A parallel between the idolisation of the "self" by humanistic psychologists and the cherishment of individualism in modern America can be easily drawn. As Lasch (1984) noted, "Rogers' own approach to therapy. . .was 'as American as apple pie"' (p. 211). The American dream is ratified by humanistic psychologists who lead individuals to believe that it is within their power to satisfy all their aspirations, regardless of adverse material and social circumstances, thus leaving the social order unaffected. "Those who believe that self-actualisation will occur in a socio-economic vacuum support the status quo" (Larsen, 1986b, p. 226).




Another latent conservative facet of humanistic psychology is the phenomenon known as retreatism. This is a form of

“system maintenance by encouraging or aiding those who experience frustrations with the system to retreat into the self or into groups embracing emotional but not political expression. The clearest case is the encounter group movement, which. . .has strong elements of socio-political withdrawal.”(Bermant and Warwick, 1978, p. 393)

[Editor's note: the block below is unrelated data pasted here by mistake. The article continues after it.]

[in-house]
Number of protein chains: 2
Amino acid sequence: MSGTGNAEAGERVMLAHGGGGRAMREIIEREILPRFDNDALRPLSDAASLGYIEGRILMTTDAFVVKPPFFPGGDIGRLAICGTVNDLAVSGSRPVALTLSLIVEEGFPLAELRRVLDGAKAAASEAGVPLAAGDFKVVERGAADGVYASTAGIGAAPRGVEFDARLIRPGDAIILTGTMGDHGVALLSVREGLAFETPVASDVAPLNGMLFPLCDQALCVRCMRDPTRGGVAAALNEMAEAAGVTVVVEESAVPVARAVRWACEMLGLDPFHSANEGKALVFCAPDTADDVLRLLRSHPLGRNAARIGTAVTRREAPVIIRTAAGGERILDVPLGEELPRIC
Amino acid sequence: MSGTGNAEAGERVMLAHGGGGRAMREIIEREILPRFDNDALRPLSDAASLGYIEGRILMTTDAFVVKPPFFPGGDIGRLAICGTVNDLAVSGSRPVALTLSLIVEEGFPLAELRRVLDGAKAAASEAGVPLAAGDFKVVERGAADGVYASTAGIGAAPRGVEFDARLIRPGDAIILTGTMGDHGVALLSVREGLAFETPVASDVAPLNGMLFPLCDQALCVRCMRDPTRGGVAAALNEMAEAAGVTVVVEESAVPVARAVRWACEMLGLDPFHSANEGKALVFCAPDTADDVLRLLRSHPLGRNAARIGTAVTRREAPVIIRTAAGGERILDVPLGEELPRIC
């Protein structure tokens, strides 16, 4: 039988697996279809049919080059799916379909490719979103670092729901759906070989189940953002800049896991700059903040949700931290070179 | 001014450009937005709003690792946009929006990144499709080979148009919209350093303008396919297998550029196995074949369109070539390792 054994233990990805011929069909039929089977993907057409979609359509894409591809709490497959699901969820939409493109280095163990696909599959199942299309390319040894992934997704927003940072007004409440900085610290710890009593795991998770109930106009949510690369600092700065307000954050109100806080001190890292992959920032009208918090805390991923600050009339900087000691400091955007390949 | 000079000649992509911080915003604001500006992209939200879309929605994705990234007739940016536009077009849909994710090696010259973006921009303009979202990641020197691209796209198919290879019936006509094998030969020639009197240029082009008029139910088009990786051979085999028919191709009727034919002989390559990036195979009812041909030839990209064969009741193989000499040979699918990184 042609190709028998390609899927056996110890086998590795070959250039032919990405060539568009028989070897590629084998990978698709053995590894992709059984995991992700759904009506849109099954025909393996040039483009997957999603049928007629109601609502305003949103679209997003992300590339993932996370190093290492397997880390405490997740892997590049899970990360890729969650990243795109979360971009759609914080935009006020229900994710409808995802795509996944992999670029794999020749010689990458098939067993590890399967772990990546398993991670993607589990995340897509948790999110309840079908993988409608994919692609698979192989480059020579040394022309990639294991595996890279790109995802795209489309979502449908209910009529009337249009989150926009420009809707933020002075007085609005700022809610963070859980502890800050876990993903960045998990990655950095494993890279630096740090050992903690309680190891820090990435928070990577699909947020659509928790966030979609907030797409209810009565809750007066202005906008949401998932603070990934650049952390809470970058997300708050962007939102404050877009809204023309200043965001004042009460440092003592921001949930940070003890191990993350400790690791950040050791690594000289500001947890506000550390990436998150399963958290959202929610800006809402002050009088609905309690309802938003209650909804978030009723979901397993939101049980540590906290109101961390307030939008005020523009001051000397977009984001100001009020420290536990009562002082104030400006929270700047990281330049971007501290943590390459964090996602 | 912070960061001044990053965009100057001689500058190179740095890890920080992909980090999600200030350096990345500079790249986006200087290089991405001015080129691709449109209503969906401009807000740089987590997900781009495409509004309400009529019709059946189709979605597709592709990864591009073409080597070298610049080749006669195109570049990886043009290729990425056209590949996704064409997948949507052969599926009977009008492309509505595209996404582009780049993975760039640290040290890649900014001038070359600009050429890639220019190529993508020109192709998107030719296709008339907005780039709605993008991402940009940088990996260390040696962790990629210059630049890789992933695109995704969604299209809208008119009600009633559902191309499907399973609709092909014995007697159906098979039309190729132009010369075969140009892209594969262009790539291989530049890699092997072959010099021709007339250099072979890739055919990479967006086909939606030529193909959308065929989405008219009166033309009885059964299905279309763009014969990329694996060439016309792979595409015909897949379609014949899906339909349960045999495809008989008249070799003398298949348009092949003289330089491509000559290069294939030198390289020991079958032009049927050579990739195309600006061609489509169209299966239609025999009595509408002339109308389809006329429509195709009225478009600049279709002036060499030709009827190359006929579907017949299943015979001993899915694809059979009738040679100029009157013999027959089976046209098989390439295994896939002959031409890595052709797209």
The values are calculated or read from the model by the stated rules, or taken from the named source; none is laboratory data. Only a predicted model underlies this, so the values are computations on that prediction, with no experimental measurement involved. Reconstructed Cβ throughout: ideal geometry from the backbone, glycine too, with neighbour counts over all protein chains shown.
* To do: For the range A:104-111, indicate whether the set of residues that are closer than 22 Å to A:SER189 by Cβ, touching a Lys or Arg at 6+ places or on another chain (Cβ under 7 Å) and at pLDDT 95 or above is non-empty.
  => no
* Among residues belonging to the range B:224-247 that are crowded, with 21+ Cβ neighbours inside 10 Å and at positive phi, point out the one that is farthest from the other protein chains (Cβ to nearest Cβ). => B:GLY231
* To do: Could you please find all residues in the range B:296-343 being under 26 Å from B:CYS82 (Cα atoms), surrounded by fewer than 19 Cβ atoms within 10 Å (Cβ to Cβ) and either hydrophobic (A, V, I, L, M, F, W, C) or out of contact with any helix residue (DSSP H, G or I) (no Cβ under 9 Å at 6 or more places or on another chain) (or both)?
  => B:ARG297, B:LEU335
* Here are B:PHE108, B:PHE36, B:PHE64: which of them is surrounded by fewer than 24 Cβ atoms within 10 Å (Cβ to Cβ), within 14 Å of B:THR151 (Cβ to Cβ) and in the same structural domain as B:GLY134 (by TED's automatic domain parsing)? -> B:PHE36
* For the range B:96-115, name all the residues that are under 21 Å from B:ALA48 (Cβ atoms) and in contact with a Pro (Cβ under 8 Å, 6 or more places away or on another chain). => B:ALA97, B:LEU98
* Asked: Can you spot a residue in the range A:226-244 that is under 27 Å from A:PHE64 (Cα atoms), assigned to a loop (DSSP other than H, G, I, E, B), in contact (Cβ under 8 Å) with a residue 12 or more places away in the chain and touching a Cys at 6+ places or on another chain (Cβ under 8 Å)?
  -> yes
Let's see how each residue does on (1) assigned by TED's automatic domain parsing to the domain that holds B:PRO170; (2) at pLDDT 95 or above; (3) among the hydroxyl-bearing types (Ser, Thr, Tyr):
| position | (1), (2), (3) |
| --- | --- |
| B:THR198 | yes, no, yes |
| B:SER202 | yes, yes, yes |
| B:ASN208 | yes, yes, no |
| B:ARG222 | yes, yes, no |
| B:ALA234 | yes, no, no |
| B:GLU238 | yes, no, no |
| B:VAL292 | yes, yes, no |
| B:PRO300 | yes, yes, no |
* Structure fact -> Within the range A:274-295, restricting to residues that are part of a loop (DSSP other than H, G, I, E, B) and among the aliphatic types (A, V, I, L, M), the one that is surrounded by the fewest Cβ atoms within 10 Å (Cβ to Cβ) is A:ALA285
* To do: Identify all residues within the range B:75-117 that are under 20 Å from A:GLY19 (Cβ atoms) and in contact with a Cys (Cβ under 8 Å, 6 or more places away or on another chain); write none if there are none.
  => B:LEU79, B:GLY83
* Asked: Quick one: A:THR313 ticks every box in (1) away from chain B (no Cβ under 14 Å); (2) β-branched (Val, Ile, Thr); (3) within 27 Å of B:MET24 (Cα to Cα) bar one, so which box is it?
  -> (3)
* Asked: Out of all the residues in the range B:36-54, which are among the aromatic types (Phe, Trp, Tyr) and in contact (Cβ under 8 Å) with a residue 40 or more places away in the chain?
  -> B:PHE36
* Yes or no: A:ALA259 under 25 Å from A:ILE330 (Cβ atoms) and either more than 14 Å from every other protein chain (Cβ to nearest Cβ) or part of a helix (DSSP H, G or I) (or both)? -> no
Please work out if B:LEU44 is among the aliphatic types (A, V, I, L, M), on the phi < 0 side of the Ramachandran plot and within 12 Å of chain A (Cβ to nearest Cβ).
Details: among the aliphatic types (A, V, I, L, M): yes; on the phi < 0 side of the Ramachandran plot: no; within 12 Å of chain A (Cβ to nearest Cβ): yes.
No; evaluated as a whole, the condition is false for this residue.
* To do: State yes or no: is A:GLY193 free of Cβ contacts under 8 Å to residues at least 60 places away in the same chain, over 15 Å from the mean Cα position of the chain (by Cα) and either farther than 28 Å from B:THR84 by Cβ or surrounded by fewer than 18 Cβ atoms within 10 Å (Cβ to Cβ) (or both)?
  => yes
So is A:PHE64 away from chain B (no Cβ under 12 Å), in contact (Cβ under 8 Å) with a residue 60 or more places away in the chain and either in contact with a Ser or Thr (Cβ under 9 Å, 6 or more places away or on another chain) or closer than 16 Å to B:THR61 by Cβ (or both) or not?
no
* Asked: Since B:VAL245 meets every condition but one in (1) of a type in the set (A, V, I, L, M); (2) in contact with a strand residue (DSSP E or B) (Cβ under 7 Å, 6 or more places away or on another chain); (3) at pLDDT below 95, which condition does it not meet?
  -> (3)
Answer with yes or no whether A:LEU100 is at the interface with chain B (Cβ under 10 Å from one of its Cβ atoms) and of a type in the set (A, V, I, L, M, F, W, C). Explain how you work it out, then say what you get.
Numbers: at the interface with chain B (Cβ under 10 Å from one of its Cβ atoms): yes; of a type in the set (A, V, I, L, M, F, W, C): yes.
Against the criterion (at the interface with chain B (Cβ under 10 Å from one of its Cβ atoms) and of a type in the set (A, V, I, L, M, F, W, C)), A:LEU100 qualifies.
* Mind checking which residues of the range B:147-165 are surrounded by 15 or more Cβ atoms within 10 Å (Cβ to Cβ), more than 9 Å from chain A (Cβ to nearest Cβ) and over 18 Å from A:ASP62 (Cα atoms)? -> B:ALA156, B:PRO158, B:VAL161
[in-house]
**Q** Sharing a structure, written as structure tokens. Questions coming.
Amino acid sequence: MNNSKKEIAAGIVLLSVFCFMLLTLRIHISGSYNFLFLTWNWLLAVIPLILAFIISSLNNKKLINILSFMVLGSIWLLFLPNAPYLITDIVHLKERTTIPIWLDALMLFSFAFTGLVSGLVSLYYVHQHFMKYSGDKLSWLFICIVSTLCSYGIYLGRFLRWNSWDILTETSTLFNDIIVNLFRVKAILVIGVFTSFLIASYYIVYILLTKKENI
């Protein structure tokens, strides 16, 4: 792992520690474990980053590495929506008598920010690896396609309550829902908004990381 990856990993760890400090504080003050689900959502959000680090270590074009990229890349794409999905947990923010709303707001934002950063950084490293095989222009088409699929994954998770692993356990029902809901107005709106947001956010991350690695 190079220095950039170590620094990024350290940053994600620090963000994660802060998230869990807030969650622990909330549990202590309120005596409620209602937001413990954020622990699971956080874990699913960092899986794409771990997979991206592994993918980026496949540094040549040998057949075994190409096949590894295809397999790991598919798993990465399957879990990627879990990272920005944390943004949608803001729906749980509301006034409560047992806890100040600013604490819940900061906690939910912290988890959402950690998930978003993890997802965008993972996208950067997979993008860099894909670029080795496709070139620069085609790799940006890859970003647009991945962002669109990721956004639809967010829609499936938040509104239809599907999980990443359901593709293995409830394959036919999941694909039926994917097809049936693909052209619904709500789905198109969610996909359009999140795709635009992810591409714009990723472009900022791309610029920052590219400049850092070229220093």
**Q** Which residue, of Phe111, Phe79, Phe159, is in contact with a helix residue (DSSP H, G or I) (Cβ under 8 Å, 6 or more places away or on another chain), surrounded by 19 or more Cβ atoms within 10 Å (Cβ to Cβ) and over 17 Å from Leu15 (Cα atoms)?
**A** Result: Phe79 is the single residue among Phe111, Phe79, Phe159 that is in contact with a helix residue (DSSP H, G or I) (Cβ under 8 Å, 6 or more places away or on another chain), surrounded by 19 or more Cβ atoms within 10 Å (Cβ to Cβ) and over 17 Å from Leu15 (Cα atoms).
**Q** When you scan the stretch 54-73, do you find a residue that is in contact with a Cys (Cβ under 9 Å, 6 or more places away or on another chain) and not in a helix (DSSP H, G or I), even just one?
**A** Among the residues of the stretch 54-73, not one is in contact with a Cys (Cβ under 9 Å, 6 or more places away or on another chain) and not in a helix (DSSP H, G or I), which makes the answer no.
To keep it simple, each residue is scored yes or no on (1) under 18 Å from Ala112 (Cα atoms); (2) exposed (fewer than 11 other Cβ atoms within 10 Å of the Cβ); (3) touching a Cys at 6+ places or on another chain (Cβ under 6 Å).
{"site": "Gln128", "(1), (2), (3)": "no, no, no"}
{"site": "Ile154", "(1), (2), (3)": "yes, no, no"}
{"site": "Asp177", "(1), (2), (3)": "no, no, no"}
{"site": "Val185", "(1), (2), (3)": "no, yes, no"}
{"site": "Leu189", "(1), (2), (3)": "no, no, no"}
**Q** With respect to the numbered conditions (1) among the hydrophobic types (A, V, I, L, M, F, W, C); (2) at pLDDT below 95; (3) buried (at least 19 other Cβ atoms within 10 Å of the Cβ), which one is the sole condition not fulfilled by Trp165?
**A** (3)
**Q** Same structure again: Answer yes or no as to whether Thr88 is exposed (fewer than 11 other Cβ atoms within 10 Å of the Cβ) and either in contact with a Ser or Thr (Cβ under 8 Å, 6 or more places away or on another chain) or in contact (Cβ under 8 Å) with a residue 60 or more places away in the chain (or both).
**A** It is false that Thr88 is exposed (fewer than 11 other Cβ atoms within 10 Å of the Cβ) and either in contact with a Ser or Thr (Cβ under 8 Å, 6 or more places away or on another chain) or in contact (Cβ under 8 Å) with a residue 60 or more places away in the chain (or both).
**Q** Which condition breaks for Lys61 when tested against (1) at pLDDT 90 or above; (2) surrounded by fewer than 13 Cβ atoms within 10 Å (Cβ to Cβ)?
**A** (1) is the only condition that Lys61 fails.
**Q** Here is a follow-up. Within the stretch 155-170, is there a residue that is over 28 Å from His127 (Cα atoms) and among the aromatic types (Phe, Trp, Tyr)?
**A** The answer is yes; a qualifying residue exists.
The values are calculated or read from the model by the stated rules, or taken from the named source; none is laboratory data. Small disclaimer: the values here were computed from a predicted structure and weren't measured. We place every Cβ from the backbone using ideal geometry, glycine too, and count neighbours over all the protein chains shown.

Marien (1983) draws an analogy between the activities of humanistic psychologists and children playing in a sandbox. The sandbox syndrome, as Marien refers to it, symbolises the area where children play without disturbing the adults, or where humanists entertain ideas of change without considering the political complexities surrounding the sandbox. In the sandbox, humanists nurture each other and foster the belief that a better world is inevitably coming. This is a dangerous perception, for the "belief in a transformation that is happening in fact keeps it from happening" (Marien, 1983, p. 7), simply by deflecting attention from structural, material, and economic concerns.


Humanistic psychologists (e.g., Ferguson, 1983; Tageson, 1982) point with pride to the fact that industry is gradually adopting humanistic concepts and techniques. Both Ferguson (1983) and Tageson (1982) see this as evidence that a more "humane" corporate world is in the making. The introduction of T -groups and organizational development are given as examples of measures taken by management to humanise the work place. Completely absent from their analysis is the well-documented argument that these stratagems serve primarily to increase productivity by conveying to workers the illusion of control and participation (Baritz, 1974; Prilleltensky, 1990d; Ralph, 1983; Wells, 1987). "Talking" about team work, worker participation, collaboration, etc., does not substitute for more actual control and a real redistribution of power in industry. This con- sequential omission led Lerner (1991) to claim, correctly, that "because Humanistic Psychology rarely discusses issues concerning class and the organisation of the world of work, its prescriptions seem class-biased" (p. 183).